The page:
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LSD/Acid Possession Attorneys Glendale-Whitefish Bay office near Bayshore Mall

Penalties involving LSD in Glendale, Wisconsin, can range from Class G or Class E felonies (which carry penalties of $25,000 to $50,000 in fines and/or 10-15 years in prison) to a misdemeanor with a maximum fine of $5,000 and/or a year in jail for first-offense possession.

Tom Grieve

OWI & Criminal Defense Attorney

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If you are in possession of LSD and you are caught by police, a charge for first-time possession is a Class I felony in Wisconsin. A class I felony in Wisconsin carries maximum possible penalties of 3.5 years in prison, a maximum fine of $10,000, or both. The court could also choose to take away your driver’s license for a period of time or have you do mandatory drug treatment, which can cost thousands of dollars. Second and subsequent possession of hallucinogens comes with even harsher penalties still.

If you possessed LSD or other hallucinogens with the intent to sell them and got charged, you would be facing a Class F felony. Class F felonies come with maximum possible penalties of 12.5 years in prison, a fine of $25,000 or both. Additionally, just like normal possession, the court could take away your driving privileges or have you do a drug treatment court program that can cost thousands of dollars. When people are charged with possessing a drug with the intent to distribute it, police look at the whole situation and other evidence to make this determination. For example, if you were found with a large amount of LSD (more than for personal use) along with scales, baggies, large amounts of money, or a firearm, that police would probably make the conclusion that you were dealing the LSD instead of possessing a large amount for personal use.

LSD and Other Hallucinogenic Drugs

LSD and other hallucinogenic drugs that were popular back in the 70s and they are definitely coming back into regular use again in Wisconsin. Because of the statutory classification of these hallucinogens, there are very serious penalties that come with even just basic possession such as fines and even prison.

 

How long will an LSD possession charge stay on my record?

There are other lifelong penalties that can come with a conviction for an LSD charge. Because these are felony offenses, there are lifetime consequences such as a loss of the right to possess a firearm and you would be a felon. Currently in Wisconsin, there is not a way to regain your right to possess a firearm without having your record pardoned by a governor. You would also temporarily lose your right to vote as well as other civil rights. These charges would never come off of your record, even if they were expunged. Additionally, while a court entry for a criminal conviction may fall off of CCAP for a period of time, this does not mean it will fall off of your record.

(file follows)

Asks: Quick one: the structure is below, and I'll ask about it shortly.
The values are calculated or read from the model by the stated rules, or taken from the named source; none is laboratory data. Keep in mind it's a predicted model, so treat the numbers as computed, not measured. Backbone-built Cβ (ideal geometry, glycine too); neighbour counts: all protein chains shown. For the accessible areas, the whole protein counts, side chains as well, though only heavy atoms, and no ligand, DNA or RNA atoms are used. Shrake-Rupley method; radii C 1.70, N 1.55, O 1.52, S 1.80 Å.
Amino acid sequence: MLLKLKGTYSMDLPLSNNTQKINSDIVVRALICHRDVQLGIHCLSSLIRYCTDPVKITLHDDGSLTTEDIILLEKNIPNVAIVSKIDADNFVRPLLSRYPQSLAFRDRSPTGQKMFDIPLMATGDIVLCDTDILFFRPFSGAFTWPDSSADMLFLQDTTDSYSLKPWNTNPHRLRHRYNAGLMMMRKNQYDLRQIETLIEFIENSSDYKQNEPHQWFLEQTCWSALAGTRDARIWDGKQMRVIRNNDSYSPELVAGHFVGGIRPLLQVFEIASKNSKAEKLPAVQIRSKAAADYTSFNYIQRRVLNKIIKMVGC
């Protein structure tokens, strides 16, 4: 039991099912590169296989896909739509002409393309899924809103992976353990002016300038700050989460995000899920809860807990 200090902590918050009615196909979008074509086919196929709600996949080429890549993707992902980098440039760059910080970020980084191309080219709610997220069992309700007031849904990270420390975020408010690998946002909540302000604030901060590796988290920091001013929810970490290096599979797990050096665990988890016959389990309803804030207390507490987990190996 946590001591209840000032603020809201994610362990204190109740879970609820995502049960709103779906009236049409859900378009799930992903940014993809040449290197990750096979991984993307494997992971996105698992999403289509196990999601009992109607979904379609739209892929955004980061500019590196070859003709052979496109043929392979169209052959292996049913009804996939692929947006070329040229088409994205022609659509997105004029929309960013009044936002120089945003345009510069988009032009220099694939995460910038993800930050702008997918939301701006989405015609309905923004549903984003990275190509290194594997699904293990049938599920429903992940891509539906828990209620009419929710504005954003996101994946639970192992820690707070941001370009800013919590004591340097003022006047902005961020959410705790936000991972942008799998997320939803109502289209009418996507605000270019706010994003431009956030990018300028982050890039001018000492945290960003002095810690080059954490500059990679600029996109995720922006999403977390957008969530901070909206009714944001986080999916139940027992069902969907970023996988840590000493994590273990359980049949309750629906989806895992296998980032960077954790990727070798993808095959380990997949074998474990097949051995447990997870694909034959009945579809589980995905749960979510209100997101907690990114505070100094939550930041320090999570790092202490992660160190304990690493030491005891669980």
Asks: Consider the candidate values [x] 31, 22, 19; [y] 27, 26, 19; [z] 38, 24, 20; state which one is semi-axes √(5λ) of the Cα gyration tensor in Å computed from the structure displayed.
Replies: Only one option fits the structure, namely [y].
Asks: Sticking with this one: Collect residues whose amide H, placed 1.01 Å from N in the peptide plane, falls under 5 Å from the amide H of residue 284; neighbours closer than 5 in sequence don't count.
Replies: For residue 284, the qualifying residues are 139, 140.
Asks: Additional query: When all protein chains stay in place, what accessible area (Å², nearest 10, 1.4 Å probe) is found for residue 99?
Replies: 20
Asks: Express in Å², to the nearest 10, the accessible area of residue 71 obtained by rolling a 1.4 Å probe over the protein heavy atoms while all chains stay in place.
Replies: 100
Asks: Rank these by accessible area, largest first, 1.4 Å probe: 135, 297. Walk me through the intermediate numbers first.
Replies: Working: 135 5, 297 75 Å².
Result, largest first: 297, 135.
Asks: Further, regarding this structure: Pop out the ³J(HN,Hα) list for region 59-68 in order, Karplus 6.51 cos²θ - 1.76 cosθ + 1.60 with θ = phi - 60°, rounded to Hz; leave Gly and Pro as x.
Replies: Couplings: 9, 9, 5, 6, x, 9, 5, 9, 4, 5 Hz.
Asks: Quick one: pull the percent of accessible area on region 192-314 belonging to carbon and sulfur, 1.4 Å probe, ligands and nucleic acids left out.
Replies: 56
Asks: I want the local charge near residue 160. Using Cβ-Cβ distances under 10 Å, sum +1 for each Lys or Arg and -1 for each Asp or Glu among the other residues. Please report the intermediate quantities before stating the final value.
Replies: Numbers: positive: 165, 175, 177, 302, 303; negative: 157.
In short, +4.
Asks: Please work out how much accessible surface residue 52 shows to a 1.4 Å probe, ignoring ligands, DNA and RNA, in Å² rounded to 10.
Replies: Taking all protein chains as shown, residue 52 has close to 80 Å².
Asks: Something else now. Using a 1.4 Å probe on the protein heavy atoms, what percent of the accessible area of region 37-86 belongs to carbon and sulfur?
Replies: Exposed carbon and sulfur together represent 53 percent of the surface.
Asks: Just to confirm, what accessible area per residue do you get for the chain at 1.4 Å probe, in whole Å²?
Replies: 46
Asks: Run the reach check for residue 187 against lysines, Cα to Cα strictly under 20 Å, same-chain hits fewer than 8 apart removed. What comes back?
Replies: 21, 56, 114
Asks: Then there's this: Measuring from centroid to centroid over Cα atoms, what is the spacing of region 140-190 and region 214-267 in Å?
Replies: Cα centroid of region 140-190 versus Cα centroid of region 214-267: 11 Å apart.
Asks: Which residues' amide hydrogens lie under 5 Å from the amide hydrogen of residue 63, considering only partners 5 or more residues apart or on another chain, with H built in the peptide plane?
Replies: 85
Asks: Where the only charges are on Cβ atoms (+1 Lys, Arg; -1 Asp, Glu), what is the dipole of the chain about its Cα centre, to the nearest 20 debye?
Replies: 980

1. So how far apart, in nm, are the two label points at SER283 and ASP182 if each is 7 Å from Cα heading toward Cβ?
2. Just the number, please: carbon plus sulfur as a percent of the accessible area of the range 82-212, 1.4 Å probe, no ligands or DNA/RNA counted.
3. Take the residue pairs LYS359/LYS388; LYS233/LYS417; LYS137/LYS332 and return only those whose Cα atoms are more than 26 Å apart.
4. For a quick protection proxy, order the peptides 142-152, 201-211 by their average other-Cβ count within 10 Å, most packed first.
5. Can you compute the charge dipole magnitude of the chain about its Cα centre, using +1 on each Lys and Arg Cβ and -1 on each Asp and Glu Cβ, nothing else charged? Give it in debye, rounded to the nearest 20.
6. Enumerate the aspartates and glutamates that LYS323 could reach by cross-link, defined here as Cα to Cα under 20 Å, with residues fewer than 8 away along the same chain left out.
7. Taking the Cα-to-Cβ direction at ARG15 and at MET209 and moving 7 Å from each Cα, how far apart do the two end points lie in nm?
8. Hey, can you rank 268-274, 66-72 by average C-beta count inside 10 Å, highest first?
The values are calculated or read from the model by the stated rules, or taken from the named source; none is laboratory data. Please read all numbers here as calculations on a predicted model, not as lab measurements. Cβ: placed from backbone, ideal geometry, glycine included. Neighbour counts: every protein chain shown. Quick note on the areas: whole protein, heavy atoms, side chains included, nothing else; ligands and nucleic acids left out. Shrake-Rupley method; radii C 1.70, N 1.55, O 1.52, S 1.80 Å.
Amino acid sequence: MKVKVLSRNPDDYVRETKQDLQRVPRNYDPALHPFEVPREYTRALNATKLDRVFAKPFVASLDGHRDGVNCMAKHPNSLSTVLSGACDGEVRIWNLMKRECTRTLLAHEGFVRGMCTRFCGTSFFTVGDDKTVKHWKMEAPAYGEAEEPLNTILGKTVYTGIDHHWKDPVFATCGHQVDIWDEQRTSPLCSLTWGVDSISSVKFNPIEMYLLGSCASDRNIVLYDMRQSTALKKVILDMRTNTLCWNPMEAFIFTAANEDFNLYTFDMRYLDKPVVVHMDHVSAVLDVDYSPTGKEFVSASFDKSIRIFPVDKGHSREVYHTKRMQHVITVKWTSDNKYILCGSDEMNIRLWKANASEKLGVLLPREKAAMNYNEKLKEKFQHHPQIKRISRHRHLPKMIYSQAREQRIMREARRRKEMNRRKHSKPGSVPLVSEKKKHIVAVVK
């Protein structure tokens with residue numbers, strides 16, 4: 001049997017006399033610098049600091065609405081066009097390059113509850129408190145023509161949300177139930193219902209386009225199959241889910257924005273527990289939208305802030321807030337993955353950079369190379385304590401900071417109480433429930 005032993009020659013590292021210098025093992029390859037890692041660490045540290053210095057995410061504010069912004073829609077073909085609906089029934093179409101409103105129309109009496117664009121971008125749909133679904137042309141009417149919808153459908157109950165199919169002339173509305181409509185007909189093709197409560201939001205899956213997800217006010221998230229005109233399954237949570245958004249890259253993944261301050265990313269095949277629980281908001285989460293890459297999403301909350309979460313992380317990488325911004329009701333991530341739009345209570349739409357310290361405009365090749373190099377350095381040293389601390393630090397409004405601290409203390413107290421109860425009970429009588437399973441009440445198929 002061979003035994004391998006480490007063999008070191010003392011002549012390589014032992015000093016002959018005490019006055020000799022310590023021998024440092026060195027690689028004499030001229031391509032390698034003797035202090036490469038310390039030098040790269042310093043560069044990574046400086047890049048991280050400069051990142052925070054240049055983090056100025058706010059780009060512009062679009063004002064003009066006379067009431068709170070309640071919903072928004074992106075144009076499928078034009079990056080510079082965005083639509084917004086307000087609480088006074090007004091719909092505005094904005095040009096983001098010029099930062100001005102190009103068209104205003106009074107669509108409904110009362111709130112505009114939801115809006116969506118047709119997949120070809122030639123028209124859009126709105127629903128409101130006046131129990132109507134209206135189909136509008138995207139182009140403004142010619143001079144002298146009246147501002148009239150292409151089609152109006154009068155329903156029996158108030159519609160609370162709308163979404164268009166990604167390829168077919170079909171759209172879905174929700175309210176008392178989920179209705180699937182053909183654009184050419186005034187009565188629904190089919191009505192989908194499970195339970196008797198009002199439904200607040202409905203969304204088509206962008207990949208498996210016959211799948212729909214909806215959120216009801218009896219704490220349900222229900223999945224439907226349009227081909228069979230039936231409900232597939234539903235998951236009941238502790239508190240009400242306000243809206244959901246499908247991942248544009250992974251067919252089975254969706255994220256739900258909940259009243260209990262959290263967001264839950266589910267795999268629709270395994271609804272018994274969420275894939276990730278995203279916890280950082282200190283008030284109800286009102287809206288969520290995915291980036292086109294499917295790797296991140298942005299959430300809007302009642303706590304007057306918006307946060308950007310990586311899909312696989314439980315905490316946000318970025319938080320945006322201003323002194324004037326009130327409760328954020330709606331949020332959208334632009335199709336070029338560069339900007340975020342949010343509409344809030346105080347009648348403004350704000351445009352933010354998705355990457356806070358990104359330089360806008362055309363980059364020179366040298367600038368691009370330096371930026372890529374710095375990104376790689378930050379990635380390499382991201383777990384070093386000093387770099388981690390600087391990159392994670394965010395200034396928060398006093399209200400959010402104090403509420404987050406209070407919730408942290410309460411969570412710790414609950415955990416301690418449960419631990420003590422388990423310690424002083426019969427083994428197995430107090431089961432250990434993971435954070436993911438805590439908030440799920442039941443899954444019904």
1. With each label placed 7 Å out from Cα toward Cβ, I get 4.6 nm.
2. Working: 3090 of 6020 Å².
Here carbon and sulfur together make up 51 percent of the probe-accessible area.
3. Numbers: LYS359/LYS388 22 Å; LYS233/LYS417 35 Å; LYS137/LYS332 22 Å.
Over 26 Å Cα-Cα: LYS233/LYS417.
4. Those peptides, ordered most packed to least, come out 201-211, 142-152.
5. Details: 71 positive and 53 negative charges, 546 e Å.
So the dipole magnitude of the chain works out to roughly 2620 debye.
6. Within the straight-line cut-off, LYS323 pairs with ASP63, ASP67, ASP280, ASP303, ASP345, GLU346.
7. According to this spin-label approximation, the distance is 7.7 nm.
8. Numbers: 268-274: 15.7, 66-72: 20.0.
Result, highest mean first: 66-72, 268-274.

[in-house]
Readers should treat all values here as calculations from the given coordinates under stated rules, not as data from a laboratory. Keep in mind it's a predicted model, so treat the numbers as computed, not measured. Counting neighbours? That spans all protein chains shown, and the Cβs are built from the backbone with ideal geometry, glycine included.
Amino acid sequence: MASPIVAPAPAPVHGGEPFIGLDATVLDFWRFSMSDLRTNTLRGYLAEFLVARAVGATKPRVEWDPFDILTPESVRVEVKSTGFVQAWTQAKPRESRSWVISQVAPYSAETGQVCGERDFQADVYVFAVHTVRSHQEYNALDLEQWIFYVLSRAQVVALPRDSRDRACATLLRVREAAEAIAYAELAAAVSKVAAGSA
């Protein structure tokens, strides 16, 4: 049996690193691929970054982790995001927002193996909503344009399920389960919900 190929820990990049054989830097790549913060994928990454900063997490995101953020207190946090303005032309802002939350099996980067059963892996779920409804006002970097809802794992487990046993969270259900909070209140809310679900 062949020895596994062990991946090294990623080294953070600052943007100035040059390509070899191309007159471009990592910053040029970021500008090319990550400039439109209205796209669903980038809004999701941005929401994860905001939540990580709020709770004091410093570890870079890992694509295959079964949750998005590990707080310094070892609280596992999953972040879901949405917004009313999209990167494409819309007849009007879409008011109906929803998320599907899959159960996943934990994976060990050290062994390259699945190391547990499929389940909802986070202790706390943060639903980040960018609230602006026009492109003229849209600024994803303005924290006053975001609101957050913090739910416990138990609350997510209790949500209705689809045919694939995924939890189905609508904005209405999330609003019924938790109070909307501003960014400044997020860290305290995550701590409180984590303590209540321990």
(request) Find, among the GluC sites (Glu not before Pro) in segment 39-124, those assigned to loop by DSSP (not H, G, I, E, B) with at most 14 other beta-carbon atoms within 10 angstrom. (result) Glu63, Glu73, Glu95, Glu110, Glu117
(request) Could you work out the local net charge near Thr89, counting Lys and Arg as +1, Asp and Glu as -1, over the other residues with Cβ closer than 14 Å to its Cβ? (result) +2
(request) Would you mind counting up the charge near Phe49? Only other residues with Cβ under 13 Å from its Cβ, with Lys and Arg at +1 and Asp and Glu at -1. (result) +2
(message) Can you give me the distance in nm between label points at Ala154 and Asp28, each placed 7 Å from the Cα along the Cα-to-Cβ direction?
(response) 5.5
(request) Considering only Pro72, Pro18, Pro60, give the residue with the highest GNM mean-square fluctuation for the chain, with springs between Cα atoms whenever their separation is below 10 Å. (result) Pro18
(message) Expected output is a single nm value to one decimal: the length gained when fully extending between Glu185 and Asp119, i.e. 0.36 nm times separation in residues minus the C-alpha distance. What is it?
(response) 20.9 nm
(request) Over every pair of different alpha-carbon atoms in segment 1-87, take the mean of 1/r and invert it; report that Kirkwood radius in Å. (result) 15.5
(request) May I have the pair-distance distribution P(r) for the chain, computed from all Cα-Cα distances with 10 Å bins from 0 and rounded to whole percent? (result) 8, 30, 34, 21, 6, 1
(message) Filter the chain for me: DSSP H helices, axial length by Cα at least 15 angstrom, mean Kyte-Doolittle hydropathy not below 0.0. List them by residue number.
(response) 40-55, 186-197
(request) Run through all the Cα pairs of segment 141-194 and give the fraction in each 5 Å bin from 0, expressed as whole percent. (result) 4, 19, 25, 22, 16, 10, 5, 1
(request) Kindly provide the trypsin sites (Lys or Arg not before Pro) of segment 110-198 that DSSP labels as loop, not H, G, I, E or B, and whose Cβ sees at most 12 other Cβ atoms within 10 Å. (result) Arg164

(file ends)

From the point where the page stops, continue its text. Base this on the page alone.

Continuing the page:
How to beat a charge for LSD

What if the LSD did not belong to you? What if the police thought you were dealing it but you were not? First things first, you need to call our Northshore criminal defense attorneys at Grieve Law to start reviewing possible defenses with you. Maybe you had a large amount of LSD but that cash you had on you was because you just made a trip to the bank. Maybe the scale was in your kitchen because you are on a strict diet. Did the police obtain evidence of the LSD legally? Our attorneys can look and review whether your constitutional rights were intact throughout the entire interaction you had with police. Many times, uncovering LSD comes from a search of your person, your vehicle, or maybe even your home. Police have to have legal reasons to do this and if they didn’t, that evidence could be suppressed, and your charges could be reduced or even dismissed. Police also need to have a reason to stop you, to ask you questions, and to seize you without letting you leave. Violations of these basic constitutional rights could lead to your ultimate freedom. However, you will not know of any of these possibilities unless you have an experienced criminal defense attorney by your side.

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We know
prosecutors
because we were prosecutors.

Tom Grieve, the firm's managing attorney and founder, is a former state prosecutor and is not the only ex-prosecutor at the firm. We love hiring attorneys from both sides of the wall to bring as many perspectives to fight your case as aggressively as possible. The State of Wisconsin likes it when you choose the run-of-the-mill fee to plea™ lawyers who don't even know how to analyze and defend cases instead of experienced criminal attorneys:

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